Alligator Rivers region regional surface water quality monitoring : November 1978 - April 1981
Alligator Rivers Region - Regional Surface Water Quality Monitoring, Volumes 1,2,3 (Plus draft)
Northern Territory. Department of Transport and Works. Water Division, Environmental Section
E-Publications; E-Books; PublicationNT; Report ; 49/1983
At head of title: Water Division, Dept. of Transport & Works, Northern Territory. "April 1983".
Water quality -- Northern Territory -- Alligator Rivers Region; Hydrology -- Northern Territory -- Alligator Rivers Region
Northern Territory Government
Report ; 49/1983
3 volumes. ; 30 cm
Attribution International 4.0 (CC BY 4.0)
Northern Territory Government
https://hdl.handle.net/10070/672725 [Alligator Rivers region regional surface water quality monitoring : November 1978 - April 1981 - WRD83049_v_1.pdf]; https://hdl.handle.net/10070/672727 [Alligator Rivers region regional surface water quality monitoring : November 1978 - April 1981 - WRD83049_v_2.pdf]; https://hdl.handle.net/10070/672729 [Alligator Rivers region regional surface water quality monitoring : November 1978 - April 1981 - WRD83049_v_3.pdf]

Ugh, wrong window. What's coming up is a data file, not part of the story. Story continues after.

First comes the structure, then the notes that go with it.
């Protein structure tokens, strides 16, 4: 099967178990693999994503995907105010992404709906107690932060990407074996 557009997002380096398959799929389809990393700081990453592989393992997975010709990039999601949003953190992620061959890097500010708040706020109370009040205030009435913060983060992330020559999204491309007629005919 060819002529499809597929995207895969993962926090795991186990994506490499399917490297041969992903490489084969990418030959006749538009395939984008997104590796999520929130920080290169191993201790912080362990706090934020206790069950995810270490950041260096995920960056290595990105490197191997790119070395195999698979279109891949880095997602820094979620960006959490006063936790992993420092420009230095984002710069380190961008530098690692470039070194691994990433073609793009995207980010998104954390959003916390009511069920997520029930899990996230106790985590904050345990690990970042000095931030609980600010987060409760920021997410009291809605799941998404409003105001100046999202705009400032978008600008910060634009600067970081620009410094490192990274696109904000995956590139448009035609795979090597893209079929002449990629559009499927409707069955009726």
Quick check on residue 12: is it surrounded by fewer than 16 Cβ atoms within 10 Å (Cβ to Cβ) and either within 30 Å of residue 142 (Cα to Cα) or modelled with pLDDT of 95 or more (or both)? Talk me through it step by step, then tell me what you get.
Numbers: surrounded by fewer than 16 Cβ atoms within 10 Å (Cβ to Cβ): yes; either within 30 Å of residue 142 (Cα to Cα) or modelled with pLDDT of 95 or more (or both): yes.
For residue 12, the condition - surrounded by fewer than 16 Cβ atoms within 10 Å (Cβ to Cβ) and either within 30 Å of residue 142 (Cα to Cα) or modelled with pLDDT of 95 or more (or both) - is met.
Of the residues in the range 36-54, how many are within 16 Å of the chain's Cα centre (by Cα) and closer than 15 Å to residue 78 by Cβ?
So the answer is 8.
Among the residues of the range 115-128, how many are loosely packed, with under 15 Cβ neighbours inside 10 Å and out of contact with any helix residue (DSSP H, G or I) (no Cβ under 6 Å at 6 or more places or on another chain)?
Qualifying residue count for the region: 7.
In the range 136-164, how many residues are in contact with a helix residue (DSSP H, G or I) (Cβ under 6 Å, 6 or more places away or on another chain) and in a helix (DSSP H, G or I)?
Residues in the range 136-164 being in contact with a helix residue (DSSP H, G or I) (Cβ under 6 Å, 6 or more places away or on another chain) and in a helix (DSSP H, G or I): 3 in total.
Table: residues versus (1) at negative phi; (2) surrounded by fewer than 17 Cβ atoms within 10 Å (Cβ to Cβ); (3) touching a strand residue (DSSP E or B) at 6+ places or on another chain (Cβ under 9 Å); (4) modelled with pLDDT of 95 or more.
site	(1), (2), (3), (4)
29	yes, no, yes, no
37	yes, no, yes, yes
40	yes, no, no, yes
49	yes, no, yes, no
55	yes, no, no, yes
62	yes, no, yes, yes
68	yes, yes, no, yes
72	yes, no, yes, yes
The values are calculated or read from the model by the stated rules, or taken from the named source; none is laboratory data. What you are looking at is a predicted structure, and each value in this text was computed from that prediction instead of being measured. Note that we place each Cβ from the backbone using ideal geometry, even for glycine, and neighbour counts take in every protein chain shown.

Technical Report WRD83049 Viewed at 14:07:10 on 29/07/2010 Page 27 of 440. I I I I I I I I I I I I I I I I I I I I Hydroxide Carbonate Bicarbonate Sulphate Chloride Fluoride 26. They may also be used as an indicator of seawater infiltration both directly and via groundwater. Together, as an indicator of hardness, they may work synergetically with other substances to increase or decrease toxicity, and will put stress directly on animal life. Any discharges from either mine sites or sewage effluents will have these as major consituents. They are simple, quick and cheap to analyse and no special preservation methods are required. The analyses of these involve titration to certain pH conditions, actually as part of the alkalinity titrations. Together they may indicate the alkalinity of the water and its buffering capacity. One of the main problems is the pH dependence of the titration, as pH of the solution may change on storage. Hydroxide and carbonate are rarely detected in the area, as the pH's are not high. Bicarbonate (and carbonate) may also give indications of the type of rocks groundwater is derived from, and bicarbonate may be used to calculate inorganic carbon. Sulphate is expected to be one of the major pollutants likely to be generated by uranium milling. It may also occur naturally via oxidation of sulphide. Analysis is fairly straight forward, although it may be quite involved at the low levels encountered in baseline studies. Samples do not degenerate on storage however sulphide and sulphite may be oxidised to sulphate on standing. It may also be found in groundwater, especially that derived from deep sources. Chlorine is expected to be used in sterilisation of water supplies, and may be detected in sewage and wastewater. It may also occur naturally through seawater infiltration into groundwater and surface water, ~~d also from rocks especially chlorite schists in the area. Analysis is simple, and no special preservation is required, however contamination from acid washed containers is possible. This may possibly be introduced into the environment via water supplies. It may occur naturally, particularly in association with granitic rocks. Its analysis is simple and straightforward with no special preservation required. As little or none was detected in initial sampling, the analysis was discontinued for subsequent samples.